Memphis’ City Council just approved an ordinance making sexual orientation and gender identity protected classes with respect to the city’s employees. Because we opposed the ordinance, as expected, we got a few emails and calls condemning us. So I thought I’d share one for a change.
You people have no right to insert your bigotry into Tennessee politics. America is a country of many religions. The first amendment protects our right to practice them, not shove them down other people’s throats. You (sic) organization does not promote Christianity, you promote hate, intolerance, and discrimination. If you were true Christians, you would follow the teachings of Jesus and do unto others as you would have them do unto you, and you would not try to do God’s job and pass judgment on others. It is not your place. I don’t think people like you even read the bible, because if you did, you would not be treating fellow human beings the way you are. For the record, I am a lesbian Tennessean, who is happily married and EMPLOYED. Does the fact that I am married, in any way, detract or lessen the value of your marriage?
I share this email because in it you can see so many of the arguments and assertions that are made today in response to those who advocate for a Biblical sexual ethic in the public square. Not knowing how to evaluate these constitutional, moral, and theological arguments is what causes many to remain silent. So, before you read on, think how might you respond.
Space doesn’t allow me to respond to everything that was said. But here are some brief thoughts on some of the key assertions.
“You people have no right to insert your bigotry into Tennessee politics.”
Actually, everyone in America has the right to participate in the political process and contend for their ideas, even those we may think are bigots. In our form of government, we decide upon the merits of the various ideas by majority vote, not by the perceived personal qualities of those who advocate for them.
“The first amendment protects our right to practice [our religions], not shove them down other people’s throats.”
Having the right to practice one’s religion and the right to participate in the democratic process means that if my religion calls for me to advocate for certain values and policies publicly, then I have the right to do so. To deny that right is to deny the right of the person to practice his or her religion, which right is conceded. And, anyway, all ideas at their core are religious in nature so someone’s religious views are always going to be imposed (“shoved down the throat”) on someone.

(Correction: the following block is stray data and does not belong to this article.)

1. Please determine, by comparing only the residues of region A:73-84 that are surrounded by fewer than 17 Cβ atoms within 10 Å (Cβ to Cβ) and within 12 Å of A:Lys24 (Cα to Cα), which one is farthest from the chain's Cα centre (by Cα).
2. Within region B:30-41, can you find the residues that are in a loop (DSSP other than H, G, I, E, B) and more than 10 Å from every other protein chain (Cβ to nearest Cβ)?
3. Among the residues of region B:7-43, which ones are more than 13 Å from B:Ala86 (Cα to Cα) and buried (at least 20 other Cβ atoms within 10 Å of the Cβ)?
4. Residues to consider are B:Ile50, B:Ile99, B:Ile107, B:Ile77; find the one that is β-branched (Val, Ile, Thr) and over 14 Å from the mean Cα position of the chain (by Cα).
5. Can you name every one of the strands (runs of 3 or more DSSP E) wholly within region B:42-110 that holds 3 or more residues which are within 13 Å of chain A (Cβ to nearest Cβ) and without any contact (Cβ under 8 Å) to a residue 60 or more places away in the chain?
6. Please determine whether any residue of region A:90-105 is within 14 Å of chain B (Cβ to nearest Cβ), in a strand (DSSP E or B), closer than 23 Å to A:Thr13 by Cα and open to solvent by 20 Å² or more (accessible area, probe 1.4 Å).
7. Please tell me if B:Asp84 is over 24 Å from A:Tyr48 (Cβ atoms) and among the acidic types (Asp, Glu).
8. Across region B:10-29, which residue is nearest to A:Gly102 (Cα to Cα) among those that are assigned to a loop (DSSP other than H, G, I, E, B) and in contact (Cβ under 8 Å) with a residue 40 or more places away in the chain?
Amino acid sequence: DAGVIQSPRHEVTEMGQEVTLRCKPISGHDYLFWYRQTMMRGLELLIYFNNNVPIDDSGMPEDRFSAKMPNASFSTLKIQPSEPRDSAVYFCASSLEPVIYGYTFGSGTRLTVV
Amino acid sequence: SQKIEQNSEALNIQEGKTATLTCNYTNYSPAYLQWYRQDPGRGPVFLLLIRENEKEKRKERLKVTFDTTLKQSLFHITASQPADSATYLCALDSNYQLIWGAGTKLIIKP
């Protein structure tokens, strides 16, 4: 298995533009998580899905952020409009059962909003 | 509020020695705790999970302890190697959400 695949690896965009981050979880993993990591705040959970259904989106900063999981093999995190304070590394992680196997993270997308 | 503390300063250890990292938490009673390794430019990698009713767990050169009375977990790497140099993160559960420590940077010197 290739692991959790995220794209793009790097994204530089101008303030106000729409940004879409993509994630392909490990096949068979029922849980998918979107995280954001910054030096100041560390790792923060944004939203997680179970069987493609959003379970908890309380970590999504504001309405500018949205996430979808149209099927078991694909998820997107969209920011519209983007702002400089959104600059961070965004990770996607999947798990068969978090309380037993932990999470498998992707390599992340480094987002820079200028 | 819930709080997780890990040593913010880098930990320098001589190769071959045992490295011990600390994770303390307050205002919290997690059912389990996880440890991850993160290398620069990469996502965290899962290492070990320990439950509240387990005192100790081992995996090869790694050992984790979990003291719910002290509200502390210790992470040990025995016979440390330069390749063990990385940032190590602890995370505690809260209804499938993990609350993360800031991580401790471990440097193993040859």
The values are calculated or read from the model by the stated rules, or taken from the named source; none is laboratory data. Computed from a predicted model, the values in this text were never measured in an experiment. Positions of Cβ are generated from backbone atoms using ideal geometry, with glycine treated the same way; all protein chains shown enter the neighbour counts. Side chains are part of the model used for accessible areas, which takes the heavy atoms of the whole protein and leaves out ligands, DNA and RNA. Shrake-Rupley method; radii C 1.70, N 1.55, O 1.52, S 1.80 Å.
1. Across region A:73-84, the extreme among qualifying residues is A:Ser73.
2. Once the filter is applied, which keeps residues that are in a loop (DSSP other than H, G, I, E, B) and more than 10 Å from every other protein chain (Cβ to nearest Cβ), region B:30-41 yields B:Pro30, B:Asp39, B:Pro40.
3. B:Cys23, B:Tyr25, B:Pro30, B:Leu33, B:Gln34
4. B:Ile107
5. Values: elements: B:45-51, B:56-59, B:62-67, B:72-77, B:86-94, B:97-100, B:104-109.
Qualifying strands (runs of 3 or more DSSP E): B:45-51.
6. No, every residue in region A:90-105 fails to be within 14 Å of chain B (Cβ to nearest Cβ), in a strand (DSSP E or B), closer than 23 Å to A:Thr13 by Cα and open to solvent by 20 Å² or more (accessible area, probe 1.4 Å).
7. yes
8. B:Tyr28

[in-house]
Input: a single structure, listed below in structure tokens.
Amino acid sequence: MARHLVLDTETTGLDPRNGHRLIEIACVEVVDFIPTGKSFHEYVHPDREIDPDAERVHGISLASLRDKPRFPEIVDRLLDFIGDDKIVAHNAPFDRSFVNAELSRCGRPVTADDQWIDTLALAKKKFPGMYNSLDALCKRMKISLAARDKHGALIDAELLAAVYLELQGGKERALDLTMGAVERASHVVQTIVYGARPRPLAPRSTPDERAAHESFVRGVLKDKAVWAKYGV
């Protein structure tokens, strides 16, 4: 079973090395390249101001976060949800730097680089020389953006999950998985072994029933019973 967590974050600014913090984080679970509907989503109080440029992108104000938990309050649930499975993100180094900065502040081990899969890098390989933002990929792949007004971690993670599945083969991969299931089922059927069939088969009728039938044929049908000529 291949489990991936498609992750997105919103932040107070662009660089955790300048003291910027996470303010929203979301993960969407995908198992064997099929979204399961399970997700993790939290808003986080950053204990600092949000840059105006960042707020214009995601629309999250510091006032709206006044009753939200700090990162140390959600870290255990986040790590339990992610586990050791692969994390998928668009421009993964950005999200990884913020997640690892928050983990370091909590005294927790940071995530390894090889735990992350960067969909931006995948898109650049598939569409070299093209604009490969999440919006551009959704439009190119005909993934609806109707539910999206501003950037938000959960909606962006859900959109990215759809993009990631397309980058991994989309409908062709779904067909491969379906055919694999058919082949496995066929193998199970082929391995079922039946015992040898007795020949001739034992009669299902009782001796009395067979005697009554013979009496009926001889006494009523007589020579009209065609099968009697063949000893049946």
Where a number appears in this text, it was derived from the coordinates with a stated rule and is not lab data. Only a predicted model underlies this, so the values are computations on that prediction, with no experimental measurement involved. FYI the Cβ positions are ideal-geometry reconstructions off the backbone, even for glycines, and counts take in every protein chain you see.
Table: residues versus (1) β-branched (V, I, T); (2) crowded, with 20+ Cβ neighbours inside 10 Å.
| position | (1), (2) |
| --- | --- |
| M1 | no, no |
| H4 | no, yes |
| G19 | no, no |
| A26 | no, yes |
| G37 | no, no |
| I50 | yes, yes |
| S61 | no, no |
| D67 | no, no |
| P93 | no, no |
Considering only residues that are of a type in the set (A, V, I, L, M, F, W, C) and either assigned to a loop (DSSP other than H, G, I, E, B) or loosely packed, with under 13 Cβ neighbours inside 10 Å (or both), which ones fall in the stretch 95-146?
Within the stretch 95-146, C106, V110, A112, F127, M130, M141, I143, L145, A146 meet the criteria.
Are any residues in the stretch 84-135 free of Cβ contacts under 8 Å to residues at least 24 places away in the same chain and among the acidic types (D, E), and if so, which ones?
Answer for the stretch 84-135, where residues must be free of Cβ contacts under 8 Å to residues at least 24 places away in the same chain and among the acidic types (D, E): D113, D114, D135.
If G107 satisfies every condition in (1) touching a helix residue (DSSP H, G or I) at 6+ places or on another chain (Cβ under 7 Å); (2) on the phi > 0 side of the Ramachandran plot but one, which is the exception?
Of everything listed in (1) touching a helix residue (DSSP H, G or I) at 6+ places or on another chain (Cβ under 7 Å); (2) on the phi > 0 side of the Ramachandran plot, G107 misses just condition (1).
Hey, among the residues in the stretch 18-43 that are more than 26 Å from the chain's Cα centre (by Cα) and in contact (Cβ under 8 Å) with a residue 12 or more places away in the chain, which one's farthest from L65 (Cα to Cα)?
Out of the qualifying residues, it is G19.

“Your organization does not promote Christianity.… If you were true Christians, you would … do unto others as you would have them do unto you….”
Actually, the Christian’s job is not to “promote” Christianity, if by that it is meant the kind of “marketing” that keeps the pews full and the people happy by telling them what they want to hear. The Christian’s job is glorify God by being obedient and faithful to all of His commands, even in and perhaps especially in the face of adversity. After all, “all who desire to live godly in Christ Jesus will be persecuted.” 2 Tim. 3:12. If only doing and saying things that make everyone else happy or pleased with you is the definition of “promoting” Christianity, then Jesus would be judged a failure; they got so mad at him they killed him. As to the “do unto others” thing, if someone thought we were doing something or promoting something that would undermine our flourishing as human beings or the flourishing of other people, I would hope they would speak up. Obviously we disagree about whether homosexual relationships are God’s best, but if she means what she says about doing “unto others as you would have them do unto you,” then if she wants to be free to share her views, which I concede she should be able to do, then she should want us to be free to share our views, too.
“You would not try to do God’s job and pass judgment on others. It is not your place.”
Laying aside the question of whether the Bible teaches that no person should judge either another’s behavior or a matter of public policy, it sounds like this person is struggling with following her own standard when it comes to us. The fact is that we all make judgments every day about a whole host of things. Jesus even recognized that we make judgments, which is why he exhorted us to make “righteous judgments.” John 7:24. Essentially, her argument here is the same as at the beginning — if you don’t agree with my judgment on a matter of public policy you need to keep your judgment on the matter to yourself.
Clearly this person is offended that we do not share her views on human sexuality and on whether the law should be used to promote, commend, or protect her view of sex. I understand that. And I truly do regret that she is offended by our views. But I won’t deny her right to advocate for her ideas. And that’s how I’d like to be treated, too.